The party, at times, spilled outside and onto Brunshaw Road. No one was bothered. I even saw Bob Lord smile as he came out of the ground, I kid you not. Even Jimmy Adamson came to talk to us, a rarity in itself, as did captain Martin Dobson and defender Colin Waldron.
Someone came into the pub some hours later to let us know that the Burnley Express newspapers had arrived at Frank Mason’s shop just three doors up from the ground. Out we went, taking the papers and leaving the money for Frank. I recall seeing one fan having climbed onto the ticket office roof, pint in hand of course.
I’m not sure any of us were ready to leave the pub during the following morning but I’m not sure any of us were in much of a state to be making decisions, but eventually it was time to get home, thankfully for me just a few yards away.
Usually, when I got home from the Turf, my mum, who had no interest in football, would ask: “How have they gone on?” This time, getting home around 14 hours after the final whistle, she didn’t need to. We’d won 2-0, we’d won promotion, we were heading back to the First Division, on this most special of Turf Moor nights. I’d three days to recover. It was Easter on the following weekend and we were at Oxford on Good Friday. We still had so much to play for in the remaining four games.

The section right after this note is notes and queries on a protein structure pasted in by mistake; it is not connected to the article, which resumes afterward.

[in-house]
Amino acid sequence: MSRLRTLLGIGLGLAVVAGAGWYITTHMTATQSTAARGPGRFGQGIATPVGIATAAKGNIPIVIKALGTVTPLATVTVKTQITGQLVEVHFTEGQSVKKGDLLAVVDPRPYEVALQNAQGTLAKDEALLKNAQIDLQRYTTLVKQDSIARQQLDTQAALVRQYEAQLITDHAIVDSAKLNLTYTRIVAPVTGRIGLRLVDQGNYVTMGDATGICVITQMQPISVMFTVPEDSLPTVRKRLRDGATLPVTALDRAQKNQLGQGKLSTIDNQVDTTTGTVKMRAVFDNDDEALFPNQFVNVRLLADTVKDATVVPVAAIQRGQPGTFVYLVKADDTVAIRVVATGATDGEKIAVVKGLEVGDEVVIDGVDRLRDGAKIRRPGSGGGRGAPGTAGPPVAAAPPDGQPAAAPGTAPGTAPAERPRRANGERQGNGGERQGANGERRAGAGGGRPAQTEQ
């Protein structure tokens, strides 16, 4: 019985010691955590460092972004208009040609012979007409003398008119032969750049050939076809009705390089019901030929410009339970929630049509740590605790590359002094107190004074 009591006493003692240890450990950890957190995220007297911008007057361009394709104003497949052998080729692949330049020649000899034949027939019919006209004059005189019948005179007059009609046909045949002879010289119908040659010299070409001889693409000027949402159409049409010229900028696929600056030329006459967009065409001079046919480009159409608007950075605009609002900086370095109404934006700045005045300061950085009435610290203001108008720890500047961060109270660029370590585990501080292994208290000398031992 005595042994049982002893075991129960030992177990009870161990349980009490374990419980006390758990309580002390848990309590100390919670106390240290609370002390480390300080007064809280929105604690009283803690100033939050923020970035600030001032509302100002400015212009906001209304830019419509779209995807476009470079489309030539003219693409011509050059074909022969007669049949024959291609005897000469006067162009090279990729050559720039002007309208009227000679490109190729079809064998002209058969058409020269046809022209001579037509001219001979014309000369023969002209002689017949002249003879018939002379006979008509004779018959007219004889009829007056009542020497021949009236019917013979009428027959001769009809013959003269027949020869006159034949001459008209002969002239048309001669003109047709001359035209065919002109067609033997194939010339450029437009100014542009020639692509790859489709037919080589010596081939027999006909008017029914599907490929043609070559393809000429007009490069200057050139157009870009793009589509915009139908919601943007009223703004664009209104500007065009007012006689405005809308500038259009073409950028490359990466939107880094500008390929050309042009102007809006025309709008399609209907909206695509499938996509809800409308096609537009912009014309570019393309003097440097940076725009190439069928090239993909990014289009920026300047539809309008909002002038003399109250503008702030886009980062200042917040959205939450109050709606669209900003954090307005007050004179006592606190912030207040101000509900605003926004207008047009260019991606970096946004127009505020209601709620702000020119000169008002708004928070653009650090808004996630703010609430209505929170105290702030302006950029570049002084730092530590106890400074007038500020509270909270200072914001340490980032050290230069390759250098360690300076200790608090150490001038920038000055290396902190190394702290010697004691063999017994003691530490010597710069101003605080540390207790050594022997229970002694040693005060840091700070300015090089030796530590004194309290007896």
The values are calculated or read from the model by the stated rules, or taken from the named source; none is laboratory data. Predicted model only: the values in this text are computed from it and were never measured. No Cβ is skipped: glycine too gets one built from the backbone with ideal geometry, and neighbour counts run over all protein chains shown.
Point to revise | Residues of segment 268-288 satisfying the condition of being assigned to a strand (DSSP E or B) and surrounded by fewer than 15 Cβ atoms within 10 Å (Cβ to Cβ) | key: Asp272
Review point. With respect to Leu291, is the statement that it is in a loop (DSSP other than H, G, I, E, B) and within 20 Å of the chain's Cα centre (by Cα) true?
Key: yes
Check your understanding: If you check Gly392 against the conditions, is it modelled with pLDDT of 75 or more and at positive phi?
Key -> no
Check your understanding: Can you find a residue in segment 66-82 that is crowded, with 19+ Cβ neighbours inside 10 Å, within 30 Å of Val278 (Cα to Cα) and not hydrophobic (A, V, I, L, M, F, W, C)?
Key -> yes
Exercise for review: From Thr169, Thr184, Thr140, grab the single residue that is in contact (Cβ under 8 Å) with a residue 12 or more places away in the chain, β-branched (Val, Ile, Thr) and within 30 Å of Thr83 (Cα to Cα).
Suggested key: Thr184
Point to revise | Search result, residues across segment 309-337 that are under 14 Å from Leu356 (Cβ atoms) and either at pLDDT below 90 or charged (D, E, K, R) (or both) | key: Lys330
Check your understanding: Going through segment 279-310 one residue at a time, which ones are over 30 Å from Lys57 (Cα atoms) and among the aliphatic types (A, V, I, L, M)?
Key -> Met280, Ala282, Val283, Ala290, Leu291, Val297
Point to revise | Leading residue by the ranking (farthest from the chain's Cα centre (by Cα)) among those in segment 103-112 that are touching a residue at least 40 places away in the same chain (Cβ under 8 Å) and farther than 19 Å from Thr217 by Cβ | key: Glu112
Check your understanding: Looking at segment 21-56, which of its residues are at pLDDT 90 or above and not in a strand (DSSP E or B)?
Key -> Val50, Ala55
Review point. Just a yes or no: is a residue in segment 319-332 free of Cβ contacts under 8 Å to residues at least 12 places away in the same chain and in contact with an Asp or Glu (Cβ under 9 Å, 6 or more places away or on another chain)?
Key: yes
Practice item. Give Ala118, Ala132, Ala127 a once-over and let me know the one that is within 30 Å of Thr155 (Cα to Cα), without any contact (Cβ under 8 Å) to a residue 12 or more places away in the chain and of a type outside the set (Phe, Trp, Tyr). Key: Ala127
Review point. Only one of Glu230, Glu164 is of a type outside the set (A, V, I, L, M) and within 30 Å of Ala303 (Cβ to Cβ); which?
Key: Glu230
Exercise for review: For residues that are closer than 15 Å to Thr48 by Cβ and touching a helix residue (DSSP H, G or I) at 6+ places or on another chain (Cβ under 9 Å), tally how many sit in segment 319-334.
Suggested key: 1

The teams that night were;
Burnley: Alan Stevenson, Billy Ingham, Keith Newton, Martin Dobson, Colin Waldron, Jim Thomson, Geoff Nulty, Frank Casper, Paul Fletcher, Doug Collins, Leighton James. Sub: Ray Hankin.
Sunderland: Jim Montgomery, Dick Malone, Ron Guthrie, Micky Horswill, Dave Watson, Richie Pitt, Bobby Kerr, Brian Chambers, Dennis Tueart, Ian Porterfield, David Young. Sub: Joe Bolton.
Referee: Mr R. W. Toseland (Kettering).
We’ll have some of the reaction to the promotion, from Bob Lord, Jimmy Adamson and Martin Dobson later this week ahead of our triple Easter programme with Burnley back in the top flight with four games still to play. Now we needed to go for that title.
Second Division Result
Mon 16th April 1973
Burnley 2 Sunderland 0
15: Paul Fletcher
11: Martin Dobson
10: Frank Casper
8: Leighton James
6: Geoff Nulty
4: Dave Thomas
3: Billy Ingham & Colin Waldron
1: Doug Collins, Keith Newton & own goals